Why it’s important for women to be at the table



We each strive to bring the best to our job each day, but sometimes factors beyond our control can test our resolve. NAB General Manager of Performance and Operations for Broker Partnerships, Nicole Devine, shares how she persisted through challenging work environments, and believes that by embracing diversity Australian businesses are changing for the better:

Women at the table matter

Twenty years ago, I started my career as a graduate at a large consulting firm.  When I arrived on the first day I was shocked and a bit taken-a-back to discover that I was the only female in the entire graduate intake. I had just finished studying law, where there was a 50/50 split of men and women, so it wasn’t what I was expecting. Having moved from Queensland to Melbourne for the opportunity, I found myself in a place where I didn’t know anyone, and I was about to spend the next eight very intense weeks (including three weeks overseas) with an all-male group.  Don’t get me wrong, they were lovely men, and very inclusive of me, but it was more difficult than I was expecting and, to be honest, a bit lonely and definitely a challenging start to my career. When we went overseas for training for three weeks, we had a stopover in LA during which time the group decided that we would save money on accommodation by sharing rooms (after all we were a bunch of university grads, heavily in debt, with no money to our names). This left me with a really awkward decision; go along with the group, which meant sharing a twin room with a man I had just met or be a kill joy? I did share the room, but it was a choice I wish I didn’t have to make.

However this experience, and the resilience that it built, stood me in good stead. As my career progressed, I still often found myself the only female at the table. It has only been in the last few years that I have enjoyed seeing this change. There are four women in the leadership team I sit on and there is no doubt that this creates a different dynamic and that our voices are amplified through sheer number. To other women I say keep ferociously supporting your female colleagues and bring other women with you. Every action no matter how big or small makes a difference.

Diversity is a leadership issue

What I have learned through experience is that it is important to lead with authenticity. To lead in a way that is true to you. Embrace feminine leadership traits as well as male.  It is not an ‘us versus them’ discussion. The beauty is in the diversity and the different thinking, solutions and culture that that it brings.

Events like the Women in Finance Awards are so important for celebrating the growing diversity in our industry and for keeping it front of mind. Each of us is a role model.  My ask is that we each step into that role and own it and continue to work as hard as ever to increase diversity in our industry. This includes men. You generally hold the majority of the senior positions in corporate Australia and therefore the role that you play is pivotal and cannot be underestimated.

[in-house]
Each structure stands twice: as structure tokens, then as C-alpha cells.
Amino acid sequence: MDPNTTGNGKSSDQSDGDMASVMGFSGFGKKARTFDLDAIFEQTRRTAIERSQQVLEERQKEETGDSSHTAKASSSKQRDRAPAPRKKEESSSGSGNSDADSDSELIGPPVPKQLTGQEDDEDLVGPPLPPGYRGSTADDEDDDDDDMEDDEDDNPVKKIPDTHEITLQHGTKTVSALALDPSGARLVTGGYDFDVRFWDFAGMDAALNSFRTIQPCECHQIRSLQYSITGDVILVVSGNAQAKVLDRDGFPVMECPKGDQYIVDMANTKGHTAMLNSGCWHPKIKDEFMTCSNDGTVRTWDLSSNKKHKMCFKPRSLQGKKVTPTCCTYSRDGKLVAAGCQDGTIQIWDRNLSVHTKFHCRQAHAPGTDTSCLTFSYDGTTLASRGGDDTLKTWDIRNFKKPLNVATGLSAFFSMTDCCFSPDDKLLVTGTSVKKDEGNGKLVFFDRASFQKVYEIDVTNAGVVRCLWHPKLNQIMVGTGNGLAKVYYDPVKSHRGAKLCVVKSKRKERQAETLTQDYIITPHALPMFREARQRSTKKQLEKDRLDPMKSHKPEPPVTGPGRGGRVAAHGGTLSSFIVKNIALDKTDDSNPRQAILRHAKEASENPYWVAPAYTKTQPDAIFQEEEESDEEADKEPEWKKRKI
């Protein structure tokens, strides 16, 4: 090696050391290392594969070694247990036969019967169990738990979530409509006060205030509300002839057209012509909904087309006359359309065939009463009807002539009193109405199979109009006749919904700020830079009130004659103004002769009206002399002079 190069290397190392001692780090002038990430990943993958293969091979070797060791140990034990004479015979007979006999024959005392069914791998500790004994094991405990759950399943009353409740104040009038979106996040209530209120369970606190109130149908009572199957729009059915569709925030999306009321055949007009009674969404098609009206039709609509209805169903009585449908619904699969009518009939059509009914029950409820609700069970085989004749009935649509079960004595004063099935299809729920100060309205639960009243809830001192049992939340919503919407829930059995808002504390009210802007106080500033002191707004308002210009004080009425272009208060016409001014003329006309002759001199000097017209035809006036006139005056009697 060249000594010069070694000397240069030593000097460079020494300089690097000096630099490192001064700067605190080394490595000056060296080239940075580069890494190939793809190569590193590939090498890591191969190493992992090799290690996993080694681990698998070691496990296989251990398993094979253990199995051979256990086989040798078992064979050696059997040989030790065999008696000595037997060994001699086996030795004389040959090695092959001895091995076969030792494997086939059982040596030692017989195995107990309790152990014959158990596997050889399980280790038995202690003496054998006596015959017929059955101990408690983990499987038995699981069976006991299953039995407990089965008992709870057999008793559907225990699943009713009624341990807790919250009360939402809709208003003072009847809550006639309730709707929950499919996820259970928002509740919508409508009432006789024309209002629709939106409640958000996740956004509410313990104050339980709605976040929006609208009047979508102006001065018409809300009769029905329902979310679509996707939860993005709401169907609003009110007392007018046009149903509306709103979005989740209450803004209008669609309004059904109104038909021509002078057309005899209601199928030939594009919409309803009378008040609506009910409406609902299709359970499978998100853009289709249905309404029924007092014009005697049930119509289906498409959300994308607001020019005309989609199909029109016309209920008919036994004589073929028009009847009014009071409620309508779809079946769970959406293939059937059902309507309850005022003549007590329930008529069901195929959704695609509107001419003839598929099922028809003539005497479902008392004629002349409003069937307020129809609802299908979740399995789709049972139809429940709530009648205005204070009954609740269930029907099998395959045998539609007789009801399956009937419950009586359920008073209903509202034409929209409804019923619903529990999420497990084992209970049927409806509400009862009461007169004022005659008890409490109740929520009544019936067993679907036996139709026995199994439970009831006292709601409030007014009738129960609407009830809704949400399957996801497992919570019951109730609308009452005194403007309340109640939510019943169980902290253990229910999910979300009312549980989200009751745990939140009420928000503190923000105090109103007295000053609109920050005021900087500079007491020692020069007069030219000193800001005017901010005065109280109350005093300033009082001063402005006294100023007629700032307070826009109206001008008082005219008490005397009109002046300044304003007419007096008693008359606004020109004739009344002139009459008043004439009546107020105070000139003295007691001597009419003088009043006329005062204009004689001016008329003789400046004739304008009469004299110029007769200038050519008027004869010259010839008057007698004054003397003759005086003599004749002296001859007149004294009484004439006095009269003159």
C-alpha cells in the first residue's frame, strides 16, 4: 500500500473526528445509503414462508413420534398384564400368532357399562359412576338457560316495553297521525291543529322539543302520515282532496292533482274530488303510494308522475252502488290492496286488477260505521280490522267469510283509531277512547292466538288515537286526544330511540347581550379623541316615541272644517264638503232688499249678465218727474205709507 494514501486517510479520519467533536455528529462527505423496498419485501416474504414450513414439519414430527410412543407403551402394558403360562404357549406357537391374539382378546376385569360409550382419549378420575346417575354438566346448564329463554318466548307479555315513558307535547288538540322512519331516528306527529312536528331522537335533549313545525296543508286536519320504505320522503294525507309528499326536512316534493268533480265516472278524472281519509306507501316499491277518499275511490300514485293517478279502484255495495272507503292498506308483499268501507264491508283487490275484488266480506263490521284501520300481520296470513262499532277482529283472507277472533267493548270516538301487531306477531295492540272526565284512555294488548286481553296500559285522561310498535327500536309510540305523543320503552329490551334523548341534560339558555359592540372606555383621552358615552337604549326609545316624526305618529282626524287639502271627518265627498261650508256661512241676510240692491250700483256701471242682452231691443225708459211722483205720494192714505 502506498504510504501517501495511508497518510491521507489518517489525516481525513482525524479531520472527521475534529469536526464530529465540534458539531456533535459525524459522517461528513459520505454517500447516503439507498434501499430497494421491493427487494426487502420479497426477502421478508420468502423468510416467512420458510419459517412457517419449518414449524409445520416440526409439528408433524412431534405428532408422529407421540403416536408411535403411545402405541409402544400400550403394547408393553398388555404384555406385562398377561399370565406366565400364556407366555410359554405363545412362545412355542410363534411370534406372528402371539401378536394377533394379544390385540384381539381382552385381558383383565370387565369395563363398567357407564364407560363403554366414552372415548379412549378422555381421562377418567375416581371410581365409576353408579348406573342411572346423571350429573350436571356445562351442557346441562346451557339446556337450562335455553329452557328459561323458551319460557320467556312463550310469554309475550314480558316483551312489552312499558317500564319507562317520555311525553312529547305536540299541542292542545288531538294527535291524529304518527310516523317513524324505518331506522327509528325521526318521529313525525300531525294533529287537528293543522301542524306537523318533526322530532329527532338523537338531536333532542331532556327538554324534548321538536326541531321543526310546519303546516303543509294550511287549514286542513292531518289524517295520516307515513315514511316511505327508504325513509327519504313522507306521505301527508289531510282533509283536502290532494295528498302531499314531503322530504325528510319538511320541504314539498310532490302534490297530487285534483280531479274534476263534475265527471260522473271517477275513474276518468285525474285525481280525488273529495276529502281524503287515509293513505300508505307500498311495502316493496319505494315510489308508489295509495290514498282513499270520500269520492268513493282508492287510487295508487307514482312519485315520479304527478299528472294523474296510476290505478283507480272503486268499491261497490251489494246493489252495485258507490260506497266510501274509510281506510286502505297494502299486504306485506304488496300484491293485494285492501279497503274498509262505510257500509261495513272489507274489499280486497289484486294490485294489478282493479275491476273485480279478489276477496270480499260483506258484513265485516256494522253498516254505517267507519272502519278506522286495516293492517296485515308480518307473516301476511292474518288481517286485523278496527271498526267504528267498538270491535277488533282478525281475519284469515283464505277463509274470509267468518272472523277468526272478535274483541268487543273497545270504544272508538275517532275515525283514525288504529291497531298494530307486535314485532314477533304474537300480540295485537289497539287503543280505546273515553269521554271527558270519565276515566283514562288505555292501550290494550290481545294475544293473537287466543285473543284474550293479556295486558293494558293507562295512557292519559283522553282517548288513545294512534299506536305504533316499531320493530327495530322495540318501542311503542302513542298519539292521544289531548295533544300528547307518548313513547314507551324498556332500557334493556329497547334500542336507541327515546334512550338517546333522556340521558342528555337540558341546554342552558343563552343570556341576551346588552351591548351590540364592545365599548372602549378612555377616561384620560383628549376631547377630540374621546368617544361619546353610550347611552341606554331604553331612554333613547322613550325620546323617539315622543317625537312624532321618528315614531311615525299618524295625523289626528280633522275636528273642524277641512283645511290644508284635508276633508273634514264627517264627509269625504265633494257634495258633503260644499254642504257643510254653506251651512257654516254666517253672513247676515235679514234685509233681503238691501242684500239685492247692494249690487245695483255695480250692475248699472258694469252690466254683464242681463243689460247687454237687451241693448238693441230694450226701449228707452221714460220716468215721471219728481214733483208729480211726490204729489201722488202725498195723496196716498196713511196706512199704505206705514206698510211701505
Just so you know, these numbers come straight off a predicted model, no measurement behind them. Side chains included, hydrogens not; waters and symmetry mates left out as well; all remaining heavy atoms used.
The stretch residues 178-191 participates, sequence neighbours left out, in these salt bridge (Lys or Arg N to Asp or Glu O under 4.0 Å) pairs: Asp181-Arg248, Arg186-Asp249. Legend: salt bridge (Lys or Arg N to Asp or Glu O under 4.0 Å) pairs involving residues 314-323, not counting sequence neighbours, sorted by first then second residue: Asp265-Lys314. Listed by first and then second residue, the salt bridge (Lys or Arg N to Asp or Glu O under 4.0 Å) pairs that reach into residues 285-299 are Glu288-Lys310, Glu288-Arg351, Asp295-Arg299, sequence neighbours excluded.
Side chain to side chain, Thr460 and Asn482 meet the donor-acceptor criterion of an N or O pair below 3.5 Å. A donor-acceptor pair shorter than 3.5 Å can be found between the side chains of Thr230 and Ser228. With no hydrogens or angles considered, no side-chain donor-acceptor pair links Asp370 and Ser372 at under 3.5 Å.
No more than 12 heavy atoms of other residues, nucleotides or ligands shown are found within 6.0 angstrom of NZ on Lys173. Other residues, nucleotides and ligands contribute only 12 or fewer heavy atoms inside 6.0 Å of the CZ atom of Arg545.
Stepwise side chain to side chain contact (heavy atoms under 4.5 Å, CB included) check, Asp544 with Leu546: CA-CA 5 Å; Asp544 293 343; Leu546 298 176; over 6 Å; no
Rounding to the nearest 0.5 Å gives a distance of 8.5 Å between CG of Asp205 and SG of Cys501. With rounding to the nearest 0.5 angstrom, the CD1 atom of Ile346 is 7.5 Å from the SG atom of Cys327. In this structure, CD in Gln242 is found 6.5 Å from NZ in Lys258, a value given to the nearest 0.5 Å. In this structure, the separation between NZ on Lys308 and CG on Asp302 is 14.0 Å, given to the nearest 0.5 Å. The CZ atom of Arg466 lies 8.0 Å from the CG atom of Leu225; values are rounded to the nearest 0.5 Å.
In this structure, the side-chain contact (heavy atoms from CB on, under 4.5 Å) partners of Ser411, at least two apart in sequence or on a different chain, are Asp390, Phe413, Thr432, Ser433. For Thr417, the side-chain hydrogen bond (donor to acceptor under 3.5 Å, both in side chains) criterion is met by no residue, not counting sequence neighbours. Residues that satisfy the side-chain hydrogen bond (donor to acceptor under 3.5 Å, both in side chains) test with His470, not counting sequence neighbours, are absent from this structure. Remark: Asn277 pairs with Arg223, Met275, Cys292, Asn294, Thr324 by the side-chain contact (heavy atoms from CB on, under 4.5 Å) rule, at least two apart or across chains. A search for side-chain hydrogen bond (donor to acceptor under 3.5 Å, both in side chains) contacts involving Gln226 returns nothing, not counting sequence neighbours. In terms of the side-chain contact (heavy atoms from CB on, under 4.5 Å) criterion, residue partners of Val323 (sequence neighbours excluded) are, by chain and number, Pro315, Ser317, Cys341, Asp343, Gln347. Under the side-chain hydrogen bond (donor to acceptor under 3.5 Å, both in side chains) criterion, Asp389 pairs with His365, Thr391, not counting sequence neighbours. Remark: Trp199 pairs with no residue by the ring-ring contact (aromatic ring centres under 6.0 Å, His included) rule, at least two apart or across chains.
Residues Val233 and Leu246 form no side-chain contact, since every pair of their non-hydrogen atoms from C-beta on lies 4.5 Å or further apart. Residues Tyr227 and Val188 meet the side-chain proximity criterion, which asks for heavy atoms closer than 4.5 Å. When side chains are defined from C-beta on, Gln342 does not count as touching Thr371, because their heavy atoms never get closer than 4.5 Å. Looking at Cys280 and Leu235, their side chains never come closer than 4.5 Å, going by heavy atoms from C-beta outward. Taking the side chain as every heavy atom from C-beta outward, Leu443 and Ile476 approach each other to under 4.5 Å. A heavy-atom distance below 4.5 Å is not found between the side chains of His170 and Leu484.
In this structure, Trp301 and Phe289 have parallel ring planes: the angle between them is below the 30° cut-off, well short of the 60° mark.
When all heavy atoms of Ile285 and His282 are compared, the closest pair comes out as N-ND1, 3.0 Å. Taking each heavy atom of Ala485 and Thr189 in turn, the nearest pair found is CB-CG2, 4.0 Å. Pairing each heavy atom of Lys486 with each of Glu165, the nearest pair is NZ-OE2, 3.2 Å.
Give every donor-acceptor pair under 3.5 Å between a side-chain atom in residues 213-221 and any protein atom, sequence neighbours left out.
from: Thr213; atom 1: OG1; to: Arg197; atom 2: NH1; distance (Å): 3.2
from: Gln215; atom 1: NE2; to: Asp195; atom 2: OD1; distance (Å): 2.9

Inclusion is good for business

The other thing that I have learned is that diversity in and of itself is not enough. Once we have diversity we must work to include that diversity or we reap none of the benefits. I say that we must ‘work’ to include diversity – as it can be hard and it can be challenging.  Our biases (conscious and unconscious) and our own approach and thinking will be challenged and we need to be open to that.  By doing so, we are opening ourselves to an increased chance for outperformance and innovation.

Research shows that companies that create an inclusive environment experience:

  • an 81% increase in productivity,
  • an 84% increase in motivation,
  • an 86% increase in innovation and creativity,
  • 81% greater engagement and loyalty, and
  • out-perform their peers by 80%.

Diversity is not just about gender. It is also about age, cultural and racial backgrounds, sexual orientation, physical differences, religious views and ways of thinking. Harnessing these differences is very powerful. It means that you build a workforce or a business that better reflects the society in which we live, and one which enhances the way you service your customers.

Financial services has room to grow

Tapping into our diverse customer base is also essential for business. Women make the majority of household purchasing decisions in Australia – from small household purchases, to cars to financial products. In a Harvard Business Review report on The Female Economy, women make the decision in the purchase of the home 91% of the time. I am one of those women.  When my husband and I bought our house 12 years ago, I arranged the mortgage.  When we renovated six years ago, I arranged the finance and managed the project.

Research also shows is that women buy differently to men and that the financial services industry is, as a whole, least sympathetic to this. Women cite: lack of respect, poor advice, a one-size fits all approach, and onerous red tape as the key reasons. Let’s turn this around. What a great opportunity our industry has to provide an alternate experience.

Nicole Devine was a finalist for Thought Leader of the Year, and one of six finalists from the NAB Group, in this year’s Women in Finance Awards held on Thursday 21 September. 



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